I promise to get back to some jokes, but Y2K is sufficiently important I thought we should give it one more day before moving on (temporarily).
Have you begun making harmless contingency plans and laying in an emergency supply of essentials you probably won’t need — but just in case you do? Now, when it’s easy, is the time to do it.
From Brian Schiel: “I’m working as a contractor on a Y2K project at the University of Michigan. This is my second Y2K project, and you can count me among those in the Y2K alarmist camp. You’ll find an excellent paper about the embedded systems Y2K problem at www.tmn.com/~frautsch/y2k2.html. It explains, better than anything else I’ve read, why embedded systems are going to cause more and more problems as we approach the Year 2000.”
From Craig Hagstrom: “All programmers agree the Y2k problem is simple. I recently worked for a company that went broke waiting for companies to flood in to us, bearing code to fix, but they never came because fixing the code is too easy to need outsourcing. It’s not the fix, but the testing that kills you.
“It’s grimly funny to hear a computer science major tell you how simple it is to fix, when their system consists of perhaps 4 programs running against a database of 200 test records spread over half a dozen tables and using 3 record definitions. That’s the kind of sample database you get when you buy Microsoft Access, or similar PC databases tool. They can patch their 4 programs, write and run a quick program to expand a field in their database, and they’re ready to go again. And they can shut down their little application any time they want to, to do such a restructuring.
“The problem gets big when you have 500M records spread over 200 tables using 150 record definitions, all on a system that cannot be out of action for more than 30 seconds at a time. The FAA … law enforcement … the phone company. Scaling up from the preceding paragraph, such a system might take (say) 5 weeks of pure run time to restructure the database and load new versions of the programs. But if the system has to keep running at the same time, then you’re looking at perhaps 6 months just to PLAN the changes, another 4-6 months to plan how to test the thing, and two or more years to implement. The problem is exponential, which is why the IRS has tried 3 or 4 times to rewrite its systems and failed every time. It’s too darn big.
“We are about to hit panic mode in the world of commerce. As the first big failures hit unprepared companies, the rest will get religion real fast. (Go read Cory Hamasaki’s description of the Jo Anne effect at www.kiyoinc.com/current.html) Since there isn’t enough time left, you’re going to see hurried fixes that are not tested at all. You are going to see an amazing amount of fear in the next year, with managers grasping at any possible escape. The major disruptions from year to 1/1/2000 will come from (1) Y2k errors involving forward-looking date calculations, and (2) simple programming errors from rushed and untested Y2k ‘fixes.’”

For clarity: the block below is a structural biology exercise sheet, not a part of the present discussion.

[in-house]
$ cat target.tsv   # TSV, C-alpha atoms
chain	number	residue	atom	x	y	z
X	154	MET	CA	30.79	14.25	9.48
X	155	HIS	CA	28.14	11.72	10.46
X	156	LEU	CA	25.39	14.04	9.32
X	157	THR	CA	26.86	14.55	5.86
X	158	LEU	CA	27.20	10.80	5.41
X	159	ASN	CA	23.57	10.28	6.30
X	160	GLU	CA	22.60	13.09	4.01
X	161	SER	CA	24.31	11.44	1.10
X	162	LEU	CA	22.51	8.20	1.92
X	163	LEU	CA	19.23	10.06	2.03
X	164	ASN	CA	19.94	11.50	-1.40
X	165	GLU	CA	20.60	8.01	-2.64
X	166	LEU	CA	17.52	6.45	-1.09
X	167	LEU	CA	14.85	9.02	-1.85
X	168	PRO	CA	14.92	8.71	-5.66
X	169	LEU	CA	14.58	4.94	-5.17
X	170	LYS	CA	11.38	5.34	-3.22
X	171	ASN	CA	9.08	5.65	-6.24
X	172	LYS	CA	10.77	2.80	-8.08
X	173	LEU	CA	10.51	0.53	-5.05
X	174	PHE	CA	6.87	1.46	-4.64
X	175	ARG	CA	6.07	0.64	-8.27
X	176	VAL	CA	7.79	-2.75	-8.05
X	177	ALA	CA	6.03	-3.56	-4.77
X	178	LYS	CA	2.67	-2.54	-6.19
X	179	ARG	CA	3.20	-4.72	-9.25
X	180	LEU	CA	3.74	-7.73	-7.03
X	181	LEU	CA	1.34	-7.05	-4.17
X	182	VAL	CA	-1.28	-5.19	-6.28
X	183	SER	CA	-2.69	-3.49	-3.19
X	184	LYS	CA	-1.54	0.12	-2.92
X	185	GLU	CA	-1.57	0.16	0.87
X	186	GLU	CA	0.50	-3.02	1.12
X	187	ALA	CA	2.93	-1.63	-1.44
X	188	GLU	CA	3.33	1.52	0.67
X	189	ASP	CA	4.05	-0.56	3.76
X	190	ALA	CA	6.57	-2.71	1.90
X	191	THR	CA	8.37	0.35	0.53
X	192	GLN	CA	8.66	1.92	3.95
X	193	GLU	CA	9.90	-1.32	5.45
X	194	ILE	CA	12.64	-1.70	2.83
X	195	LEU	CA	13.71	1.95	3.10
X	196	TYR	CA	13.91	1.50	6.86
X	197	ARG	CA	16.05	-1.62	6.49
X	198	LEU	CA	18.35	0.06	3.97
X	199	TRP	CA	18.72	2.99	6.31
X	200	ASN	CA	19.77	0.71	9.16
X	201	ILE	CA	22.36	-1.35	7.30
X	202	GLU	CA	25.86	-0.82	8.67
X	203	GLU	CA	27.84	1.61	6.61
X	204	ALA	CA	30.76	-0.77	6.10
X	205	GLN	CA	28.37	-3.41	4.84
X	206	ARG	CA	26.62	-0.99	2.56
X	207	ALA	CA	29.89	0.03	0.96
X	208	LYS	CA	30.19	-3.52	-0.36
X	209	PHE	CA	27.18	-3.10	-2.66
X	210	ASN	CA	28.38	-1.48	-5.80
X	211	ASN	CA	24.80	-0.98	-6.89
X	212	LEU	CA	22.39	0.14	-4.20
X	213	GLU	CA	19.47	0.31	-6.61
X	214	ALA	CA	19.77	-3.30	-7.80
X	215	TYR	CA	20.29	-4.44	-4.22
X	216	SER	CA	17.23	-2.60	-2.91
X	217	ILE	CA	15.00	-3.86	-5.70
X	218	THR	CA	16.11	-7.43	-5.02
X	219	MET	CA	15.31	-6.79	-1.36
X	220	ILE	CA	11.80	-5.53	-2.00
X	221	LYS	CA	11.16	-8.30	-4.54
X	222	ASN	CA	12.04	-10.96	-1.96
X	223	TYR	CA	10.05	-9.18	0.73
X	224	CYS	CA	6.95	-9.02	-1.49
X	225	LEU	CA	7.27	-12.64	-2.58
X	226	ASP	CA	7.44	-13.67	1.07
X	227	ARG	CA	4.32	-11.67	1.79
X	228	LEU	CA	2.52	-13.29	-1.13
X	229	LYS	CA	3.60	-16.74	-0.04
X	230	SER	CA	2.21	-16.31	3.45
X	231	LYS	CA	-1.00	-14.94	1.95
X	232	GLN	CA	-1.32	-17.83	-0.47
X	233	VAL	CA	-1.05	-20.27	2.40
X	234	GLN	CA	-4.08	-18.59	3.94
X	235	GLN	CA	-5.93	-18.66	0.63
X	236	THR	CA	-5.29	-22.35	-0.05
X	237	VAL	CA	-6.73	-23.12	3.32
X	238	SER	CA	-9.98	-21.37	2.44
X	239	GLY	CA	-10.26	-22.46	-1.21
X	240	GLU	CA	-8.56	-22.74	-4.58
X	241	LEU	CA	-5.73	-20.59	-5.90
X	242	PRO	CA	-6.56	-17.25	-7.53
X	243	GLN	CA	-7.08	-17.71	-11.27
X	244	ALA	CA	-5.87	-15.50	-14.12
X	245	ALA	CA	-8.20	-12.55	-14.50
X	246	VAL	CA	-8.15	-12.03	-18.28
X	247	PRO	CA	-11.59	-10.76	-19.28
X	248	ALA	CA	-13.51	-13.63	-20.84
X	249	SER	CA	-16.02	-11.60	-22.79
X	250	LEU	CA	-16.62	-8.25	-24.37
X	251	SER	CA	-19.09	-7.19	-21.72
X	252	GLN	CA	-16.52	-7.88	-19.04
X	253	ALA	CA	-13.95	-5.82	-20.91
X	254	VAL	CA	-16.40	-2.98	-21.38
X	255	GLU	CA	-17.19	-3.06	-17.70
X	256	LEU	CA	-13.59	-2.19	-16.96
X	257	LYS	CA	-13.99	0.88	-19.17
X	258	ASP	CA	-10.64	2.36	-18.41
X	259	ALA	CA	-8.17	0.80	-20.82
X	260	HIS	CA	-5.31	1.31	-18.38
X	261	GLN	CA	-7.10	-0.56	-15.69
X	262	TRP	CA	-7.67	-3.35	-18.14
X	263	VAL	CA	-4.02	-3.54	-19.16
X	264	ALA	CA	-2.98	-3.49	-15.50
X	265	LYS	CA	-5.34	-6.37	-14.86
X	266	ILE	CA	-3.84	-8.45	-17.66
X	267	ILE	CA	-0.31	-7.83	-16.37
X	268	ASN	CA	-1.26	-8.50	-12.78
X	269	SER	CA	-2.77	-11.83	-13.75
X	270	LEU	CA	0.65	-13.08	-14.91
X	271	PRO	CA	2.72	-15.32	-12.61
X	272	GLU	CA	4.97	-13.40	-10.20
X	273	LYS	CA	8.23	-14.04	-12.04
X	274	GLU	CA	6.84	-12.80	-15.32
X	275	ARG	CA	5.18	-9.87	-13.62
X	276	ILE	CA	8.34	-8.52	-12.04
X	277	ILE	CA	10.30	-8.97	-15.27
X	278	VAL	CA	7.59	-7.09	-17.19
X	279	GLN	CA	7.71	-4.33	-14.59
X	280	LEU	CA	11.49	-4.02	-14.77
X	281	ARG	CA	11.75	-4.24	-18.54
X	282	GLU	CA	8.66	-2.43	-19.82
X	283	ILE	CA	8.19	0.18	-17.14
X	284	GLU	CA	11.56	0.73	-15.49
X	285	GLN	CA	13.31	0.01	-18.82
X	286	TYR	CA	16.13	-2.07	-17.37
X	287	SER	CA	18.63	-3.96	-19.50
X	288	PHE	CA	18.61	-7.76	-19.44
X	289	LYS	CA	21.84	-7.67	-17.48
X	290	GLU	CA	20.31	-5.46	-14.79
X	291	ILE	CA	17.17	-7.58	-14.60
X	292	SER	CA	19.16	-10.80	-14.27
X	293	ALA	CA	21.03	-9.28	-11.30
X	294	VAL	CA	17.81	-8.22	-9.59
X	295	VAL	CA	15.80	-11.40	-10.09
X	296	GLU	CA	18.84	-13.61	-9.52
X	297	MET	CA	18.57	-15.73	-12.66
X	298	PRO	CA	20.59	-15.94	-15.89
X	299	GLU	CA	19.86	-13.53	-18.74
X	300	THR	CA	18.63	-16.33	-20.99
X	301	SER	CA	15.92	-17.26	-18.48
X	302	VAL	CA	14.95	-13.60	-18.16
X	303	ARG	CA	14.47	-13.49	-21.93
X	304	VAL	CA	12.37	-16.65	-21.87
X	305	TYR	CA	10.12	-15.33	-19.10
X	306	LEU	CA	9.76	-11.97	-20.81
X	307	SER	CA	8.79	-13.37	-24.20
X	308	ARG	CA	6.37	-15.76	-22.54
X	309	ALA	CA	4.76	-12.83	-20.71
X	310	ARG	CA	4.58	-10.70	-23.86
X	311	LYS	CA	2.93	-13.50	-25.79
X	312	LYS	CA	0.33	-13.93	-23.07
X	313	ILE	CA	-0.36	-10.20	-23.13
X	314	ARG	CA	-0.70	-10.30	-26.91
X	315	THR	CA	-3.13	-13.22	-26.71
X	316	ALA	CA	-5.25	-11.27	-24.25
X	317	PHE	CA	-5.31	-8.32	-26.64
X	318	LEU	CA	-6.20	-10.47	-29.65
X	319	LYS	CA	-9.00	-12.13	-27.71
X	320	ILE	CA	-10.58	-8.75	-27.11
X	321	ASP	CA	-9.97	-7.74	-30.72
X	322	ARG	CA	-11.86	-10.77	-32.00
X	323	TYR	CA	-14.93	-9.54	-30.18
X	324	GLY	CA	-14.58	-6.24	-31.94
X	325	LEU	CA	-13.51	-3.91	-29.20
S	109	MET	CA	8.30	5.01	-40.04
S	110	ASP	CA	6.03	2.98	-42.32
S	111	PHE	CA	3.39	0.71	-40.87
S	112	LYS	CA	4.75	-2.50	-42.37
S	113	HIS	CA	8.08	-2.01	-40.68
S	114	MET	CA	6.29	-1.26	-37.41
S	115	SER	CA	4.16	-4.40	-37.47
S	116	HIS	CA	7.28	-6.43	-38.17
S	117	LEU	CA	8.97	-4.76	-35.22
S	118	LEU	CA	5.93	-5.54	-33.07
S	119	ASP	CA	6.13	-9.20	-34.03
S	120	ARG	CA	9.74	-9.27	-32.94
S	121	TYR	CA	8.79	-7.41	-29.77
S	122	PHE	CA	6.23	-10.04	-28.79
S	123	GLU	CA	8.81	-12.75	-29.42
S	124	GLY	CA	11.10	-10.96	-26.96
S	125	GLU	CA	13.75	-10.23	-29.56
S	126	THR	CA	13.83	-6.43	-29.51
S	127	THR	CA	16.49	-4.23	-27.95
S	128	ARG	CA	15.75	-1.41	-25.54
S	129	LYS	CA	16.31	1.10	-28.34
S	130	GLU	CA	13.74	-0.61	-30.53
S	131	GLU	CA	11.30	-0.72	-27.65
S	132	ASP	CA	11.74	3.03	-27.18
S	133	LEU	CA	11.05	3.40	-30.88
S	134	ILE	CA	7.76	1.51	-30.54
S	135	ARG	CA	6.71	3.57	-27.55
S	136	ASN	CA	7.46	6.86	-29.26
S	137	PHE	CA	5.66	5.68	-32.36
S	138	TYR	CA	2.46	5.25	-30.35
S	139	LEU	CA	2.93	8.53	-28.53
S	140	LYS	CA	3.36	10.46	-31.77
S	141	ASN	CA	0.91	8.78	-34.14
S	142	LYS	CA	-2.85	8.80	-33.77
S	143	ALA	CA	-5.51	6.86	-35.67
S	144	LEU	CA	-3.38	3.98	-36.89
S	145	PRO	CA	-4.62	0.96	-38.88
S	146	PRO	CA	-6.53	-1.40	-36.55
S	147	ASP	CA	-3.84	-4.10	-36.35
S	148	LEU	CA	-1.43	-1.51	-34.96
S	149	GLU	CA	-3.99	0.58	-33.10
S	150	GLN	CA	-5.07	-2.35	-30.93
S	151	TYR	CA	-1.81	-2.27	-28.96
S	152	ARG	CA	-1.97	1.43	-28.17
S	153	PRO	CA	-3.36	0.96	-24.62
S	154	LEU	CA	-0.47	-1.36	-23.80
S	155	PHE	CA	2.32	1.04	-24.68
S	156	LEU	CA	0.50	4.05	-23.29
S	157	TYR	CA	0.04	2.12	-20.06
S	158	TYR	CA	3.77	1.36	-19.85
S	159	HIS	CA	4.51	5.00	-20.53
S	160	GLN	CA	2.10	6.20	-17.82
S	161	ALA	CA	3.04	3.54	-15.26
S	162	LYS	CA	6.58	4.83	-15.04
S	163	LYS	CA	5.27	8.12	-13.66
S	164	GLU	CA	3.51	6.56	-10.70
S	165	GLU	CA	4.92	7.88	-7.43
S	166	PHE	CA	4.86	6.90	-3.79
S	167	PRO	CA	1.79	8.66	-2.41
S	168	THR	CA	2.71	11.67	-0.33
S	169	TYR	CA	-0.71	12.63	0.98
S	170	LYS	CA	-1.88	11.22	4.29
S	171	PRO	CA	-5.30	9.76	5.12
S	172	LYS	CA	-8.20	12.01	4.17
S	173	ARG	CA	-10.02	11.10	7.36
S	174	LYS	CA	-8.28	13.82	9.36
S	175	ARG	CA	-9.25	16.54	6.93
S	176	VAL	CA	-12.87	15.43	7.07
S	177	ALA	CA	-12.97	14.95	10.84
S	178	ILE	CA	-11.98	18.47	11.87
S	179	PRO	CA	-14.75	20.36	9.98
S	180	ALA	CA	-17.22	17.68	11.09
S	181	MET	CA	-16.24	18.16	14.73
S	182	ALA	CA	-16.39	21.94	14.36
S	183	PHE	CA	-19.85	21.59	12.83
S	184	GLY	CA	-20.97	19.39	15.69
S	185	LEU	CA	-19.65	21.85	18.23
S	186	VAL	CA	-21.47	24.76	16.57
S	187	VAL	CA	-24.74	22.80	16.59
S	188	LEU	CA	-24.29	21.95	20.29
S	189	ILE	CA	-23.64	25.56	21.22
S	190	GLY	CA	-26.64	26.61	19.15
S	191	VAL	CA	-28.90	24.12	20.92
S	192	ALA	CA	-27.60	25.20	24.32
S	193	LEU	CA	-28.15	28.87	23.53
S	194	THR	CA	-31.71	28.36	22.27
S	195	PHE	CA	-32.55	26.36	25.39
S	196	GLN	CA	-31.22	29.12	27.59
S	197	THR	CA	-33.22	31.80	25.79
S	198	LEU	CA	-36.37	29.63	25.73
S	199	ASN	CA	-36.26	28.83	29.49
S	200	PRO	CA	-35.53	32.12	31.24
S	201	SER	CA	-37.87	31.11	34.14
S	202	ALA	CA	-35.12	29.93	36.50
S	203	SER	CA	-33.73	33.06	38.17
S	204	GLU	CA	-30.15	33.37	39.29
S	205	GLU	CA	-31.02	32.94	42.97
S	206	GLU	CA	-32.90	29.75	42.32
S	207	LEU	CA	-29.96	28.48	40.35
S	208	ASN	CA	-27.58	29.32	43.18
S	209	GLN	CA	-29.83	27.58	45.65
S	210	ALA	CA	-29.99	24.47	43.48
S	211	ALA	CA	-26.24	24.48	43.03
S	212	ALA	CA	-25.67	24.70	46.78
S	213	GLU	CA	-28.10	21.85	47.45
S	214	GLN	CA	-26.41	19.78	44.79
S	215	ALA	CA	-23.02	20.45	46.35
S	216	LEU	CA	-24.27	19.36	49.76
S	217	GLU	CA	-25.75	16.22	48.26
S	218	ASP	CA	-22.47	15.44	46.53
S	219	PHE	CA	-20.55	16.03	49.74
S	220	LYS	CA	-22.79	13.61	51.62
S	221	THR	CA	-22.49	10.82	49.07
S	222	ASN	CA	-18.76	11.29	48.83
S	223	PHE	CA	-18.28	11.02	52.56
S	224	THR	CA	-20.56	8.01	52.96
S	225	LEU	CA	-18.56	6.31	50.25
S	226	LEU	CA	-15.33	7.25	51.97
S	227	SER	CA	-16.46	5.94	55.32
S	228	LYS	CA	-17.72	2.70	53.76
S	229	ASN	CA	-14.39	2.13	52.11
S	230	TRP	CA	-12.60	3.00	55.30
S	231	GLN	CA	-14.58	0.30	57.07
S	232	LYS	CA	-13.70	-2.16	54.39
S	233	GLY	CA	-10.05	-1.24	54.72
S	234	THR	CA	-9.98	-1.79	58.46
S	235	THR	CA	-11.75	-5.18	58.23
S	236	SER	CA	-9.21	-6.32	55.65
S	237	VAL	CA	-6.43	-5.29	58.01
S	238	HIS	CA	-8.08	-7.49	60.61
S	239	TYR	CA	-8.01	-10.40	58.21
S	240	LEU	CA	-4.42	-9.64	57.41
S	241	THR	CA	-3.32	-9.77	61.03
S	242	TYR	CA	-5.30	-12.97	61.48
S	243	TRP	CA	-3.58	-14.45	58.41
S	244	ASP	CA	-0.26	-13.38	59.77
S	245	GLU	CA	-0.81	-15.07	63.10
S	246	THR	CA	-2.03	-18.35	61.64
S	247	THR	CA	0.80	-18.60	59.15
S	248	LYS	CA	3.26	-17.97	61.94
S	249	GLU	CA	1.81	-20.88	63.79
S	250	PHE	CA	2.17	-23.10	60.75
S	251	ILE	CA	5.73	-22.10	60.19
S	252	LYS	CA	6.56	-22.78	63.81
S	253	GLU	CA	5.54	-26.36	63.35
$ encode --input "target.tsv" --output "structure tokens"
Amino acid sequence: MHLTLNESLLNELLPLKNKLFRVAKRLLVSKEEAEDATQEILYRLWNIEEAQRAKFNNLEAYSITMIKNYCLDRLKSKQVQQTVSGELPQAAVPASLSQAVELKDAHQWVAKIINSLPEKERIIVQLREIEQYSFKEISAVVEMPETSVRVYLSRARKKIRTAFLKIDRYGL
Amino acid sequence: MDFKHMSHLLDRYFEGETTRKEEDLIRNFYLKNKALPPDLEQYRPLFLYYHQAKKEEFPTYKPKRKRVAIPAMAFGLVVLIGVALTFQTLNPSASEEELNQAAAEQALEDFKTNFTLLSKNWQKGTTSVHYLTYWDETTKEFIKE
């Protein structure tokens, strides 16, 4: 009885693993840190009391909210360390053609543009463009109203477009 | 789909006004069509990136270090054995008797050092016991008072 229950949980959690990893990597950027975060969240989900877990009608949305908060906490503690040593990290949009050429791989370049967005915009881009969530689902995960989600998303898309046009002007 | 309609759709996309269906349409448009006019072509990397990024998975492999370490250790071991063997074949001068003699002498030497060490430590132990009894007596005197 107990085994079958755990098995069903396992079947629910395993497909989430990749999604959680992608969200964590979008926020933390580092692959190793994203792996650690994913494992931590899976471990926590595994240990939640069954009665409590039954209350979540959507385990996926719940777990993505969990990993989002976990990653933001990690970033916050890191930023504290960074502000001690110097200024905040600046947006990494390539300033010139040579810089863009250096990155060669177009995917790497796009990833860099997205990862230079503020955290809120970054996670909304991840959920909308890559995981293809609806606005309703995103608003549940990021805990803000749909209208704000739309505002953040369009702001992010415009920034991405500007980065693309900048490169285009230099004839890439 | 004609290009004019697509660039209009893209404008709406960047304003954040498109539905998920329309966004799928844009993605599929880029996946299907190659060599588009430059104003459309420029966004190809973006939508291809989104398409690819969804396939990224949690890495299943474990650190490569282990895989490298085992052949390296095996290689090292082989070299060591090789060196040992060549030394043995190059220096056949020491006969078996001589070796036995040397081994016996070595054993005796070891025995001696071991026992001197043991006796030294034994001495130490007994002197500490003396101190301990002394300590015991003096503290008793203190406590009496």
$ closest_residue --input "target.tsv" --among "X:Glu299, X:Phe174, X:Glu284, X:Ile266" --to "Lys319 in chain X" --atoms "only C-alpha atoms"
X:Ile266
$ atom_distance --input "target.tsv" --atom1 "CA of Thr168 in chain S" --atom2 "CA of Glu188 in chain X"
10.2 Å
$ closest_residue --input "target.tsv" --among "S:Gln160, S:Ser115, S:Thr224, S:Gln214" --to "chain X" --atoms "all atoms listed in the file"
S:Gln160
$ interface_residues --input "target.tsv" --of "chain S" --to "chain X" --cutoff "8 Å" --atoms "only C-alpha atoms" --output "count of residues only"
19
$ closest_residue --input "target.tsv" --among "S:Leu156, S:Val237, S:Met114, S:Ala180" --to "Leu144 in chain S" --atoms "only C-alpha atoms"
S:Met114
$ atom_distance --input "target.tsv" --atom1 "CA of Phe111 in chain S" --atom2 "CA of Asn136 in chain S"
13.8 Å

From Jerry Holsinger: “While you claim that there are intelligent and knowledgeable people on both sides of the Y2K problem, the only ones that I know of on the ‘it’s all hype side’ sound pretty naive when you read what they write.
“For what it’s worth, I have a Ph.D. in E.E. from MIT and have been involved with hardware and software development for over thirty years, though I am not a programmer. I have software that I developed to manage my own investments which has severe Y2K problems. As a result I have enough background to understand why Y2K has the potential to be a severe worldwide problem, which I believe it will be. I also know from first hand experience how hard it is to get non-technical people to understand and believe that Y2K is a serious and real problem.
“Please do not spoil your outstanding effort on the Y2K problem by publishing further information that only makes the work of people who are serious about the problem that much harder.”
Quote of the Day
In 1800, 75% of [an American's] working man's expenditures went for food alone. By 1850, that had dropped to 50%. Today it is a little more than 11%.~The Wall Street Journal, September 20, 1996
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